The irony is great. Republican right-wingers in his home district and radio talk show hosts inveighed against House Majority Leader Eric Cantor as a sell-out, establishment figure who betrayed the conservative agenda. He very likely will be succeeded as majority leader by Rep. Kevin McCarthy (R-Calif.), Cantor’s close friend and ally who supports immigration reform, voted for budget compromises including the “Plan B” solution to the fiscal cliff (which Cantor opposed, as did other hard-liners), opposed the shutdown and frankly didn’t run a very tight whip operation. I wonder whether the Cantor opponents are pleased with a replacement for Cantor who, while a nice guy, is best known for getting along really well with fellow lawmakers.
The Post observes, “A win by McCarthy, in just his fourth term, would complete a remarkable transformation for the affable Californian, who just a year ago was dogged by criticism that he wasn’t tough enough to persuade recalcitrant GOP lawmakers to vote with the leadership on critically important issues. He also faced questions about whether his policy chops were substantive enough for the job.”
Philip Klein points out: “The American Conservative Union rated McCarthy at 72 percent compared with 84 percent for Cantor; Heritage Action ratings place Cantor at 53 percent and McCarthy at 42 percent; and Club for Growth had Cantor at 68 percent and McCarthy at 53 percent. Moving away from conservative groups, the National Journal rated Cantor the 80th most conservative member of the House while McCarthy was 170th. McCarthy voted for a Hurricane Sandy relief bill that included spending that was unrelated to providing emergency aid, fought for the farm and food stamp bill, fought reforms to the federal sugar program, and backed an extension of the corporate welfare agency known as the Export-Import Bank.”
Publications like Weekly Standard cheered Cantor’s demise, ignoring that Cantor was among the supporters of the reform conservative agenda it and other conservative voices have rallied behind. It will be hard to generate support for reform conservatives if their demise is instantly celebrated by the agenda’s purported supporters. Loyalty counts for something in politics.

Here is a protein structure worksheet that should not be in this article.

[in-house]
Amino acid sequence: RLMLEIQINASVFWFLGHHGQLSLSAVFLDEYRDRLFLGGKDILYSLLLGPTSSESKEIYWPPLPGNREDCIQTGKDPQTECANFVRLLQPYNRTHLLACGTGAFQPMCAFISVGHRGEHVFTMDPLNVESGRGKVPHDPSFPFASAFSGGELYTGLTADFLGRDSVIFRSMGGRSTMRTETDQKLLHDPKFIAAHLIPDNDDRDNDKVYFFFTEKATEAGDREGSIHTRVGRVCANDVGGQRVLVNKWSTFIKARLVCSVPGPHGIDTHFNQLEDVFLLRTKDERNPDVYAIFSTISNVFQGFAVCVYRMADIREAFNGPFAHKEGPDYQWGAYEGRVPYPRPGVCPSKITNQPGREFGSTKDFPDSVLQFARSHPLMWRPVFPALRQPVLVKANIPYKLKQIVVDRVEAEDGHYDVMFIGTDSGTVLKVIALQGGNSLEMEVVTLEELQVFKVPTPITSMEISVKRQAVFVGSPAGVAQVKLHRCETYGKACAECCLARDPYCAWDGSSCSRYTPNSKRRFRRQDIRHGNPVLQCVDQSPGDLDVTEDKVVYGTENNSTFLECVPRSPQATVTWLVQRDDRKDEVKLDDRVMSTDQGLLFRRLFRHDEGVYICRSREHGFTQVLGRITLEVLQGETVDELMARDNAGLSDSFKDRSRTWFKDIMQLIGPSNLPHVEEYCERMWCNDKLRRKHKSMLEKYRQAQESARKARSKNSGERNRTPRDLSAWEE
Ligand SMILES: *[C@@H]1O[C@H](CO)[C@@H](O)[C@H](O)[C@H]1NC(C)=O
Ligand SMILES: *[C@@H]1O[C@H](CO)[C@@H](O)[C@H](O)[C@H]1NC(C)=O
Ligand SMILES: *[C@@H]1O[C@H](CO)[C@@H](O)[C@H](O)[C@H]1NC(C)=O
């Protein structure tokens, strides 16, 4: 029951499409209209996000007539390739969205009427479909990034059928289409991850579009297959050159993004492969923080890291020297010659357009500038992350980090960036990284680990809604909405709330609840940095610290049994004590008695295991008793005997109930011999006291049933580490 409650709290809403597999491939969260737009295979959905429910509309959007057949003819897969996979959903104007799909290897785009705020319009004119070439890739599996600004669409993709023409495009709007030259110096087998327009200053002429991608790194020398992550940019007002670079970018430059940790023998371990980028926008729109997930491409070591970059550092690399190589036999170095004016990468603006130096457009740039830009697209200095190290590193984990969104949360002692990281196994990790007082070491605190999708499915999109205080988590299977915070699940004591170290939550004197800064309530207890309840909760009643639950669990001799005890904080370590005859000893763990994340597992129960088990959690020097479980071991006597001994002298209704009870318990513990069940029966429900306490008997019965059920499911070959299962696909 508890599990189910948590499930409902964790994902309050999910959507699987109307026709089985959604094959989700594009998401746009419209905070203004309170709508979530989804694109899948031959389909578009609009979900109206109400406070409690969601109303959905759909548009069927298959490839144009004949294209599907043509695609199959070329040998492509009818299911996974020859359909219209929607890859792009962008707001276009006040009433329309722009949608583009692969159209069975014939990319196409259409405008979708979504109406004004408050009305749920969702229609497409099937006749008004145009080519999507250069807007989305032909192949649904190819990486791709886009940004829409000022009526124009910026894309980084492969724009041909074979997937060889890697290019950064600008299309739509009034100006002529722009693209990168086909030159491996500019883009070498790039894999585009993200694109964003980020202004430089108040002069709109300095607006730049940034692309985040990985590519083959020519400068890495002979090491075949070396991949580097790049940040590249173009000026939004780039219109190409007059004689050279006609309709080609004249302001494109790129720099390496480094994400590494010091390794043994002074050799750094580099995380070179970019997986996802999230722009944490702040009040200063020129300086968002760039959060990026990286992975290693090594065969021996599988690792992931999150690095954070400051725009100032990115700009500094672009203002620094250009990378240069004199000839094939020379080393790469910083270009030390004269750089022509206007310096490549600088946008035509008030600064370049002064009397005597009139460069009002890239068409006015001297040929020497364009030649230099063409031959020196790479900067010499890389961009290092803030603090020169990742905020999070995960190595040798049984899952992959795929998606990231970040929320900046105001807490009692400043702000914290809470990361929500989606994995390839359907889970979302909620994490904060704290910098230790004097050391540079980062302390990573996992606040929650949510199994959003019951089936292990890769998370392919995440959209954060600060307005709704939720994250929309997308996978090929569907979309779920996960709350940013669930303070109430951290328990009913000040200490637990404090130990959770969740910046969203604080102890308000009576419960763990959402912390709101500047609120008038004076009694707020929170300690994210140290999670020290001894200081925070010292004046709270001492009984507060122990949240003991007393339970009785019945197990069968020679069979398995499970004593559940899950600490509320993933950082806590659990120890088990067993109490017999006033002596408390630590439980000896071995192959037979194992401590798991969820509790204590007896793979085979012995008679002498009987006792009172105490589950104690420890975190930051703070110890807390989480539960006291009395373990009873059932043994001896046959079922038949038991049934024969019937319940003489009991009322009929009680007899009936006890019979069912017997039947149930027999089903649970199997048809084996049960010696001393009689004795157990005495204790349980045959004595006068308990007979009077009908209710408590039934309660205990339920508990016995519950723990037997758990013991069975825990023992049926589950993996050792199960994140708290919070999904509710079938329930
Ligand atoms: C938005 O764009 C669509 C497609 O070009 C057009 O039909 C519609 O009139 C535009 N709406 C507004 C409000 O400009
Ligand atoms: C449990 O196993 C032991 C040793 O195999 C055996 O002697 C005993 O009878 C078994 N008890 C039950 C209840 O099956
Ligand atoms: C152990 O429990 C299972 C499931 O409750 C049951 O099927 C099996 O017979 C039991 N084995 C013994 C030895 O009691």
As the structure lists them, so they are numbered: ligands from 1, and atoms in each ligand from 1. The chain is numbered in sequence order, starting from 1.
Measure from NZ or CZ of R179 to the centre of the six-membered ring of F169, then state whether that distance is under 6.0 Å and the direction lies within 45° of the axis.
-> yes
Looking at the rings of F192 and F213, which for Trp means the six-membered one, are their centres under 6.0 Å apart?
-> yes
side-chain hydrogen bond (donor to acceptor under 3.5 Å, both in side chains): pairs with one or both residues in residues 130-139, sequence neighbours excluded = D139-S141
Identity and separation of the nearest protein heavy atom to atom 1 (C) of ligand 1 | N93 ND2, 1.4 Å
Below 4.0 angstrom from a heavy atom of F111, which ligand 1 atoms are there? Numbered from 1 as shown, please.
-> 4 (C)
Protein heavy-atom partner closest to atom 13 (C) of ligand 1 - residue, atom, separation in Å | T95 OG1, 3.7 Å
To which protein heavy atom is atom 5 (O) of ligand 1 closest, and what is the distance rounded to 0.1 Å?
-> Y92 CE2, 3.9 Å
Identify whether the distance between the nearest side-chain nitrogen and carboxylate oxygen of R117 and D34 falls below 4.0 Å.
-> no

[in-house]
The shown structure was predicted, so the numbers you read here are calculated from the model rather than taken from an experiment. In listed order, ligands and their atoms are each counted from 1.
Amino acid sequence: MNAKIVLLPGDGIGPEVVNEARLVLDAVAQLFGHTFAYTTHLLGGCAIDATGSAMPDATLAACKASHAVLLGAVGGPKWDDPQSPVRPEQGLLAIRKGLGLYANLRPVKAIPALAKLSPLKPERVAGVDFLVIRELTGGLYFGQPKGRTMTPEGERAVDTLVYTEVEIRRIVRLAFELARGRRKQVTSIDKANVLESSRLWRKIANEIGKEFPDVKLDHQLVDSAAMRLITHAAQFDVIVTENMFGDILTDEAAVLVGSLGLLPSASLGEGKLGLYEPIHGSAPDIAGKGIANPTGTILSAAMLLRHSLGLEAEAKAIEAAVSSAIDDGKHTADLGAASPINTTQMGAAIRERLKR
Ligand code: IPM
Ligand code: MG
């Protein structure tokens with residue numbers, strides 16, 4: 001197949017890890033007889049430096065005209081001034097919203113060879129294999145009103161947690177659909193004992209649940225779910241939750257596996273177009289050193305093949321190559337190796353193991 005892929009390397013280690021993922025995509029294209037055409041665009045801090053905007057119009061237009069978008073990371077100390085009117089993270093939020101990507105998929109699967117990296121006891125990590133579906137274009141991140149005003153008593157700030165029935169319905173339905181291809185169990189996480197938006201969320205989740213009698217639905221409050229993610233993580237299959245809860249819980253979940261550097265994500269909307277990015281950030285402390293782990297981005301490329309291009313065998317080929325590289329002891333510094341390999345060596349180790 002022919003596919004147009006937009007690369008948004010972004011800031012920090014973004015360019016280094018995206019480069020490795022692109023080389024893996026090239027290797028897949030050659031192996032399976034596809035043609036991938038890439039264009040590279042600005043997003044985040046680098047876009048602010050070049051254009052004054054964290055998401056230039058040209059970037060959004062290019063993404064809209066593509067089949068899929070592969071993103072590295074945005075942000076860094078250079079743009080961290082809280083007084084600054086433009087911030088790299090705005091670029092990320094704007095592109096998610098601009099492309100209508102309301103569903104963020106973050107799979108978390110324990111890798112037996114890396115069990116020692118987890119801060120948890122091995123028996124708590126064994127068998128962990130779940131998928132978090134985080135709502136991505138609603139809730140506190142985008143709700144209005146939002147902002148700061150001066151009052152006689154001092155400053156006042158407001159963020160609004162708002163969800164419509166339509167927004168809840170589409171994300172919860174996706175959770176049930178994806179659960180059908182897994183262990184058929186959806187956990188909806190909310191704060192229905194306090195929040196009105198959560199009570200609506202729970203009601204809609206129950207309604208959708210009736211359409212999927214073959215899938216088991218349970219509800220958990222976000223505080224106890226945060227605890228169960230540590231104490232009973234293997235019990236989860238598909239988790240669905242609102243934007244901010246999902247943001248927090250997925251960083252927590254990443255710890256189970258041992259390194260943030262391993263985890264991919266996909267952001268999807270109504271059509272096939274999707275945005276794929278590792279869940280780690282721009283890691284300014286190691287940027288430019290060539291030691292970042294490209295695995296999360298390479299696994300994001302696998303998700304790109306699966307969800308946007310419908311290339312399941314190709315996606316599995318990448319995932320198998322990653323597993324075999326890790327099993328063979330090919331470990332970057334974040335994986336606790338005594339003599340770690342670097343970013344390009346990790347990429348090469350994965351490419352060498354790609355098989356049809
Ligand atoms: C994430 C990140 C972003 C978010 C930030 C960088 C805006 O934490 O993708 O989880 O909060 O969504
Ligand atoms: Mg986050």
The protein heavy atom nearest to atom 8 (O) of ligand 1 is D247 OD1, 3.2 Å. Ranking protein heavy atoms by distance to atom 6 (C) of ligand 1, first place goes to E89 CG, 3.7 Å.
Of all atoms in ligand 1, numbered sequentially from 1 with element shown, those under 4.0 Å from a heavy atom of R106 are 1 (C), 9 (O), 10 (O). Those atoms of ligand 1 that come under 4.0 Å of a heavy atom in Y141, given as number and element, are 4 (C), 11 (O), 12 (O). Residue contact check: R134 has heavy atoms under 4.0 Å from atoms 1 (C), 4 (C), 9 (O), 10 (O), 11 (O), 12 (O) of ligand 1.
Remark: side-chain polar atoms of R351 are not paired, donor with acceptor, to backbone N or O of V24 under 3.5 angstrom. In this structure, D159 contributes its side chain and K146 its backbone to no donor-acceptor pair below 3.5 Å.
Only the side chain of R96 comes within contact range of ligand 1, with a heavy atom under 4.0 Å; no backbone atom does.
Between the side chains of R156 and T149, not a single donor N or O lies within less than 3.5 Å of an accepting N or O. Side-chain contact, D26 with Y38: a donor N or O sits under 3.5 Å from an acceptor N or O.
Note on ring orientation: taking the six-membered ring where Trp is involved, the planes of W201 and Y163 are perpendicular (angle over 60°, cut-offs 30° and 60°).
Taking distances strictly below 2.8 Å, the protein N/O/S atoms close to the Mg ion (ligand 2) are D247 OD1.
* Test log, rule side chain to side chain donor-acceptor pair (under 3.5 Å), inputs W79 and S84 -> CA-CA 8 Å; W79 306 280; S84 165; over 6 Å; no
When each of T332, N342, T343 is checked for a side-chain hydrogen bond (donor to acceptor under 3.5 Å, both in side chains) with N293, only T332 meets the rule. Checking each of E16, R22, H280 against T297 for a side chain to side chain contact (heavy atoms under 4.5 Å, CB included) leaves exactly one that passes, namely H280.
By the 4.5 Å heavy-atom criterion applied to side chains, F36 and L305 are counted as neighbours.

Meanwhile, conservative contenders for the majority leader spot dropped out one by one, leaving McCarthy as the last man standing. Now hopes for a tough conservative policy wonk focus on the whip position. Putting a rising star in that slot is something I suppose, but whips are first and foremost vote counters and operatives. Whoever gets the job is unlikely to drive the agenda. Moreover, we’ve seen this week that putting an ambitious conservative in a leadership spot may be injurious to his political future.
Radio talk show hosts and tea party activists (whether actual grass-roots players or Beltway opportunists) aren’t very good at thinking a step ahead, as we saw in the shutdown folly. Here they dumped Cantor, a strong conservative, only to get a muddled GOP nominee for the Virginia 7th congressional district who is unable to answer some basic policy questions and a weak majority leader to replace Cantor.
I don’t see how this is a big win for the tea party, the GOP, Virginia or the country. But then again, we’re in a mode right now where emotional catharsis is more important that governance, fighting is more important than winning and both activists and media are addicted to apocalyptic rhetoric and sweeping predictions, unmoored to reality. The media prefer to hyperventilate over Cantor’s loss than to delve into the reasons the Middle East is going up in flames or why the economy can’t get out of low gear. One can only hope the broader electorate exercises greater discretion in the midterm and 2016 elections and saner, more competent leaders eventually prevail.